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Cutting through the B.S. -- Should you deploy DAOS right now or not?

By Andrew Pollack on 02/24/2009 at 10:18 PM EST

As posted on Ed's blog, there's a lot of talk going on right now about DAOS. I thought I'd try to clarify some of the benefits and potential pitfalls as clearly as possible to help some of you make the decision.

First the Potential Benefits

Most sites are reporting between 40 and 60 percent reduction in disk storage requirements without making any policy changes or requiring users to change behavior. I personally believe you will be hard pressed to find any site with more than 50 mail users that isn't going to see similar savings unless that site already has some pretty stringent rules in place or unusual work patterns.

Saving 50% of disk space can mean a proportional savings in disk I/O -- the number one determining factor in server performance.

Design partners have been heavily testing DAOS for quite a while, and people I know and respect a great deal have really tortured it by crashing servers and even purposely damaging files to see how robust it is. It's proving to be very reliable under real world conditions.

DAOS is the future. IBM could have done it behind the scenes and hidden it from you -- just called it the newest ODS (On Disk Structure) version. That's not the way IBM does things, but don't mistake the fact that DAOS is going to be key to many additional space and performance saving features in the future. As a Design Partner, I've been privy to some of those things and am only allowed to say "wow".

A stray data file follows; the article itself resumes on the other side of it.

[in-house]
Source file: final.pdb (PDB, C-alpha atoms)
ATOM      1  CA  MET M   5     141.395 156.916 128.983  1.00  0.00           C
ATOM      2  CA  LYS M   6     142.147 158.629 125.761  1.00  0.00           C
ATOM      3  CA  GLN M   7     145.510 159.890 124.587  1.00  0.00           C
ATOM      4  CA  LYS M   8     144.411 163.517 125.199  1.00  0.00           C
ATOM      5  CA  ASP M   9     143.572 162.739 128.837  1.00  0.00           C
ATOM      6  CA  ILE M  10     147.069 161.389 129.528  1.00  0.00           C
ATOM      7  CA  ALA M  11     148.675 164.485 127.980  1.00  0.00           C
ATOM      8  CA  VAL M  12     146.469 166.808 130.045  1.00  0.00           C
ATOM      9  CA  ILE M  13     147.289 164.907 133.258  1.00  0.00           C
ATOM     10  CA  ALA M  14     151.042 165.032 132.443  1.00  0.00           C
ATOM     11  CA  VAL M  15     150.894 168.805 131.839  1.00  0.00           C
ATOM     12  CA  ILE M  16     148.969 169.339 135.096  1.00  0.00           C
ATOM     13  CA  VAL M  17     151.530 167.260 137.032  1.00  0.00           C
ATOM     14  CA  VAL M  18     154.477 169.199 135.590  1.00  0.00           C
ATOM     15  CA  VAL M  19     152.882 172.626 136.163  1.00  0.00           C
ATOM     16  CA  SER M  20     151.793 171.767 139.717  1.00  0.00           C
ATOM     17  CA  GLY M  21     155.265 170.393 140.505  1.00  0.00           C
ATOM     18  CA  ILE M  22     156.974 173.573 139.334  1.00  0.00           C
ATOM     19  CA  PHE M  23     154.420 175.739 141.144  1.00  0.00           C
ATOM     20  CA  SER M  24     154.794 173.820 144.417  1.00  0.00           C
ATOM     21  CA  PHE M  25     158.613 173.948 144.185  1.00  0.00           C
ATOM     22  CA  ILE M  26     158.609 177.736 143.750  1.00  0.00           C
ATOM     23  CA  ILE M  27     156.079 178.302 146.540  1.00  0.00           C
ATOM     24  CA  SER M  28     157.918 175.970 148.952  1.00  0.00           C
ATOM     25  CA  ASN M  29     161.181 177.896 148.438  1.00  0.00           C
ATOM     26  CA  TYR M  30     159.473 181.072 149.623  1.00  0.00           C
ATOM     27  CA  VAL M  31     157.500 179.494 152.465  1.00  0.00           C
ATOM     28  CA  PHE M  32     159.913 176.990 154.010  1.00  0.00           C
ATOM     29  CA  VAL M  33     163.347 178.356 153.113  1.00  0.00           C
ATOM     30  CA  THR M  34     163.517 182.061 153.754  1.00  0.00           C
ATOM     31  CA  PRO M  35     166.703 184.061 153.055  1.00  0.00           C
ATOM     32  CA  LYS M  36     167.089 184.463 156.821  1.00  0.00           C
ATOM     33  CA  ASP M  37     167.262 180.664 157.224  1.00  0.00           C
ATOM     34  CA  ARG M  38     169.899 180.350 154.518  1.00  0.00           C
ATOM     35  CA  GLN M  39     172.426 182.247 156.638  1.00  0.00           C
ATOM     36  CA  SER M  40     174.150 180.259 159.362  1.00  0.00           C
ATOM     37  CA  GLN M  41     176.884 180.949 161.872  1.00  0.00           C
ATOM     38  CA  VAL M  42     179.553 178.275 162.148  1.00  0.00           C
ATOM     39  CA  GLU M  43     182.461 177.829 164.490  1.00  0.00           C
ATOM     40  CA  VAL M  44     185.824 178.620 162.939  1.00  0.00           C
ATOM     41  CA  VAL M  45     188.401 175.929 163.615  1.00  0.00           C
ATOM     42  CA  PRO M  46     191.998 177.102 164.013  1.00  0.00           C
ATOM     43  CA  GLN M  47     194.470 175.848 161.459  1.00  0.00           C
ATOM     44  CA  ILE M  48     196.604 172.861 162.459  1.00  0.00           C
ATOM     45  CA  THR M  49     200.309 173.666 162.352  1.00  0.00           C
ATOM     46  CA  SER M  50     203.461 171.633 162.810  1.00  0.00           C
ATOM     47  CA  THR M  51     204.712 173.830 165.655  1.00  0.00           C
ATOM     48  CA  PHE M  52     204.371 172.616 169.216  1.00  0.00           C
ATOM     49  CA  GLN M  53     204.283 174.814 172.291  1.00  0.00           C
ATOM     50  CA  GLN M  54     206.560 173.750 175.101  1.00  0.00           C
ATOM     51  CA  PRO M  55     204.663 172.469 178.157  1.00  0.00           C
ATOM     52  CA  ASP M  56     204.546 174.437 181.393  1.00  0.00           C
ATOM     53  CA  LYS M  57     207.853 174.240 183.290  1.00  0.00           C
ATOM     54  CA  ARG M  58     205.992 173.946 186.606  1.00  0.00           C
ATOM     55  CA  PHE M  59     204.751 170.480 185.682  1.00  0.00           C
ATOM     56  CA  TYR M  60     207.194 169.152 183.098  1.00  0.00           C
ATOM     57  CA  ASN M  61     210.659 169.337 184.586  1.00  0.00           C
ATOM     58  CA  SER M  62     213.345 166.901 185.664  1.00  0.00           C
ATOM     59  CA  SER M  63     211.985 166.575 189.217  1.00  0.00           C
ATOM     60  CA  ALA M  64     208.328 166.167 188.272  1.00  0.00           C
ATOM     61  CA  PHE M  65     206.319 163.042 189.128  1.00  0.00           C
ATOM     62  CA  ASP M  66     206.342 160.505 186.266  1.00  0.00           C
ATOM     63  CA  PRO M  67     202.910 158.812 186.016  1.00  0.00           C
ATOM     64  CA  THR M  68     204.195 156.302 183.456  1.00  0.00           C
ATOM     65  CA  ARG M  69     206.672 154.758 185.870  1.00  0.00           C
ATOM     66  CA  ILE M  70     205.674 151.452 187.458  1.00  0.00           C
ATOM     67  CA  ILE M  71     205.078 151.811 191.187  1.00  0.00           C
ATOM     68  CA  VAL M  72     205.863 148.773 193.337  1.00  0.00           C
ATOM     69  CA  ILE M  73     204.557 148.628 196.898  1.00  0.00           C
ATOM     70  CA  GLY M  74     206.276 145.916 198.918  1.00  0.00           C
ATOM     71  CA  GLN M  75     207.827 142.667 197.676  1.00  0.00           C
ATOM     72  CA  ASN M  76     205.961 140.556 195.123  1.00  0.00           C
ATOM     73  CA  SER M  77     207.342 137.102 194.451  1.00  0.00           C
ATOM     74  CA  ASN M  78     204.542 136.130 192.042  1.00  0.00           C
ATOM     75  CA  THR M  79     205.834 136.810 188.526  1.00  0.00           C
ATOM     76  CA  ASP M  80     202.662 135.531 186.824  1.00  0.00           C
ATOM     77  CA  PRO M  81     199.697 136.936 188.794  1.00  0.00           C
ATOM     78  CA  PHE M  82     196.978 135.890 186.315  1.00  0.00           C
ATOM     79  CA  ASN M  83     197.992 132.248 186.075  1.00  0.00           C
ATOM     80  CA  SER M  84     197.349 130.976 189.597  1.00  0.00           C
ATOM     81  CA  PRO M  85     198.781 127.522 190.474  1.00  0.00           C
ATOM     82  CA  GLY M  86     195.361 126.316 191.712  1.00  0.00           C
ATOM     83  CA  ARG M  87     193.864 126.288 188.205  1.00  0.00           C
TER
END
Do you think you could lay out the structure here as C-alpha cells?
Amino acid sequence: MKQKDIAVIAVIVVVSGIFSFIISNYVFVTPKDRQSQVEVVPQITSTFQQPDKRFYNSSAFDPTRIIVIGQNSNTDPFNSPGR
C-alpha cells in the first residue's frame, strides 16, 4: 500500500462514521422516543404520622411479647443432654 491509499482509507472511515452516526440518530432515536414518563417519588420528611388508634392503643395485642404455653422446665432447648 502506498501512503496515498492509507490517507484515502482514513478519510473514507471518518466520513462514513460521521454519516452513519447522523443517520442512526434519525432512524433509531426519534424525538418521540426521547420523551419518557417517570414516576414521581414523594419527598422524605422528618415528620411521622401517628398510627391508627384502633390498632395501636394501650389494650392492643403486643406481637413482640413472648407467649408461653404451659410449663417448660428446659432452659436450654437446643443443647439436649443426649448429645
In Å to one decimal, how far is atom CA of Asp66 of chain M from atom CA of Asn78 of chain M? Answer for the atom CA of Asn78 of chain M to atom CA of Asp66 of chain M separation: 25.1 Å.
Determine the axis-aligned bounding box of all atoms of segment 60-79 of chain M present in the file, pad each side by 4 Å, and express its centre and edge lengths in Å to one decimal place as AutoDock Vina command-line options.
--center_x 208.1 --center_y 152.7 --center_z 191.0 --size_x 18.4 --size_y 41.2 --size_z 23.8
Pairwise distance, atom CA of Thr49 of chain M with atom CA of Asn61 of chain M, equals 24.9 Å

Now the Potential Pitfalls

Gone for good are the days when you could just copy an NSF file at the operating system from one machine to another. You shouldn't be doing that now, but you surely can't do it with databases using DAOS

Backup and Restore is more complex. There is no getting around this point. For now, best practices and tested solutions haven't really emerged around this issue. There are tools which support it -- Tivoli and Symantec both have backup products that fully support Domino 8.5. I'm just not sure enough time has passed that we know all the issues. For mission critical databases -- at least for now -- I'm replicating to a non DAOS server and taking backups from that.

Those are the issues as I see them. A few people are out there claiming that "well run" environments won't see savings because the "pruning" process is batched rather than done in real time. I completely disagree. I think its a fallacious argument based on totally incorrect assumptions. We'll see if someone can prove me wrong -- but I'm not holding my breath.



There are  - loading -  comments....

Great post AndrewBy Bruce Elgort on 02/24/2009 at 11:22 PM EST
Thanks for posting this. Great info on DAOS.
re: Cutting through the B.S. -- Should you deploy DAOS right now or not?By Chuck Hauble on 02/25/2009 at 07:50 AM EST
Hey Andrew,

Symantec is telling me that their NetBackup Datacenter product does not support
8.5... are you talking about a different product?
re: Cutting through the B.S. -- Should you deploy DAOS right now or not?By Jim Casale on 02/25/2009 at 08:26 AM EST
If their product supports API level backups for 8. it should work for 8.5 too
re: Cutting through the B.S. -- Should you deploy DAOS right now or not?By Jim Casale on 02/25/2009 at 08:25 AM EST